The morale check is really the focal point of the game - essentially, one's purpose is to force the other player to make as many morale checks as possible (i.e., shatter his units), until the other side gives up.

Historical commanders are represented in the game with various ratings from uninspired (and timid) to brilliant and make a huge difference. The best commanders can change the pace of a battle by taking a double turn, in addition to which they provide additional command points that will usually allow their side to carry out maneuvers that an uninspired commander can only dream of. Commanders can also be used to negate enemy hits (representing the leader trying to rally units), though at the risk of the commander being killed in the process. It is a very dangerous process. Interestingly, the game's designer has a reputation for repeatedly having gotten Alexander the Great killed in the early turns of Gaugemela.

But how does it work as a game?

In my opinion, very well. One must realize that Lost Battles is a Grand Tactical game - you are directing the grand sweep of maneuvers and the armies involved here, not the individual units as such (unlike pretty much every other ancient board/miniatures game). Despite this, however, there is a surprising amount of subtlety and tactical thought built into the game - and pretty much every decision one makes is important. It is not chess, however - luck plays an important part in the game (as it did in the historical battles), but I think players will be surprised at the amount of finesse that is possible within the limits of the 5x4 squares.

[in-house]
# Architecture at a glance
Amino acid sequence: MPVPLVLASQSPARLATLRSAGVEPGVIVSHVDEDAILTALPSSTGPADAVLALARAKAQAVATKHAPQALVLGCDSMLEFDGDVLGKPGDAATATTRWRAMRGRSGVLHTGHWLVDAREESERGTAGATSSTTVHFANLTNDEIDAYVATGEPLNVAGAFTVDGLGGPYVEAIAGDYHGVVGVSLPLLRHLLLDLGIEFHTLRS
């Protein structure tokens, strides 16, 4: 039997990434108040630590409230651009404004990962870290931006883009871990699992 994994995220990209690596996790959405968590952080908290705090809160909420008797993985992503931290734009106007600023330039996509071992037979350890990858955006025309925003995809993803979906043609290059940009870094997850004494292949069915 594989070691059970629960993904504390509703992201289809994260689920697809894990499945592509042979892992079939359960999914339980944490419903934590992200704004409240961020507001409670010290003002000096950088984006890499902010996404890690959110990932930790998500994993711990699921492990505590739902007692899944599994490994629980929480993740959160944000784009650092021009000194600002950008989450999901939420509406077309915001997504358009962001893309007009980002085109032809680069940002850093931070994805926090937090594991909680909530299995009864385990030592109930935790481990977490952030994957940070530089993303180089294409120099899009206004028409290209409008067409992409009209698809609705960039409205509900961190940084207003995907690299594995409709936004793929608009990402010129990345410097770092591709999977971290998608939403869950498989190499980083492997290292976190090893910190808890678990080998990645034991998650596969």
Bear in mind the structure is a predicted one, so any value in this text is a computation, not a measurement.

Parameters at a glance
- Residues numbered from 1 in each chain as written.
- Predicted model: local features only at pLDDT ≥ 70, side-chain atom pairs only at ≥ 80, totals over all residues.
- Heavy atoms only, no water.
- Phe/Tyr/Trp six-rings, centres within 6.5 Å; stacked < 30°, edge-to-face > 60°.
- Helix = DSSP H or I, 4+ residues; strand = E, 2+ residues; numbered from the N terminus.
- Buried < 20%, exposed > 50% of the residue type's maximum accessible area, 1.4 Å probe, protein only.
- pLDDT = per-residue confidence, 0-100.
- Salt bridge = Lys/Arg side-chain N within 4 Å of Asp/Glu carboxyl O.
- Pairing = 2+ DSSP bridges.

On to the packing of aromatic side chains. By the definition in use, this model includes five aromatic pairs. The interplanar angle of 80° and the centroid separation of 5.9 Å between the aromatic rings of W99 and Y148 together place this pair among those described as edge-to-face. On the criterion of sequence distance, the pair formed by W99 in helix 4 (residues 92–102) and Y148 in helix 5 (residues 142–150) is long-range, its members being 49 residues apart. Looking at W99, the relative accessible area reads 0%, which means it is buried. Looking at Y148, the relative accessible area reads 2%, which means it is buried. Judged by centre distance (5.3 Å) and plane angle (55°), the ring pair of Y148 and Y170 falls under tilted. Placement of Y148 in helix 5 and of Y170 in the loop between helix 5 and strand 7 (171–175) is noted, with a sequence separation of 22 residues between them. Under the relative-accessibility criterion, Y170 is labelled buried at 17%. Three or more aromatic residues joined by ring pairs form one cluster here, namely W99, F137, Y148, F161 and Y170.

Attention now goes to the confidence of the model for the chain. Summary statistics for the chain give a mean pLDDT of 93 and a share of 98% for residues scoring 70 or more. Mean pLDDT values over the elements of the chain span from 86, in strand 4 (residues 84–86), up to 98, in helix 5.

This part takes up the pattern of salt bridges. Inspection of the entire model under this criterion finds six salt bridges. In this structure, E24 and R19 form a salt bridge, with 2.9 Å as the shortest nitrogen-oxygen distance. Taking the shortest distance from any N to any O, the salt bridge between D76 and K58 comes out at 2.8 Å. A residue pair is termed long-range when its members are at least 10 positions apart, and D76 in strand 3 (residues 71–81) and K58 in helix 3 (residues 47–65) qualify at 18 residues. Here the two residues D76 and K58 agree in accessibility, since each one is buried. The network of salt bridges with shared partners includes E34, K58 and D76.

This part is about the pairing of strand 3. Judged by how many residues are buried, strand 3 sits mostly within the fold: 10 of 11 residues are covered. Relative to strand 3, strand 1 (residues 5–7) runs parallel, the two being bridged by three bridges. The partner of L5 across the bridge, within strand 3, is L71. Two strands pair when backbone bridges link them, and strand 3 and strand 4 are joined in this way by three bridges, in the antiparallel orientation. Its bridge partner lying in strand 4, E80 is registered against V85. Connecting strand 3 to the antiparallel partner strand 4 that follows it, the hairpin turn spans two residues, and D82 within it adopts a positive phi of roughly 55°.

It is also a fast game. Most battles can be played out in a couple of hours, and some can be over even faster. Personally, I find this a good thing, although the temptation is always there to turn the board around and replay the battle.

Historical Quality

Without intending to knock any other board or miniature games, there is simply no other system that comes close to the kind of historical quality that Lost Battles achieves. This is not surprising, inasmuch as so much of Sabin's research is about analytical modelling and ancient warfare; the surprising thing is that he has managed to make a simulation that is also at the same time an entertaining game.

One of the great strengths of LB, in my opinion, is that it really permits you to play out the battles in a way that approximates the historical accounts. You will -entirely naturally - find yourself carrying out a tactical withdrawal in the center of a historically deployed Cannae in response to the pressure of the deep Roman formation. Redeploying the battle line is an enormous undertaking only achievable by the most disciplined or well-led forces (one of the reasons why playing the battles from deployment is best once you've gotten the hang of the system).

Best of all, the book contains detailed comments on each of the forty battles, rationale for why the scenario is setup as is, and in many cases suggestions on how to vary the parameters to take into account alternative theories for the battle.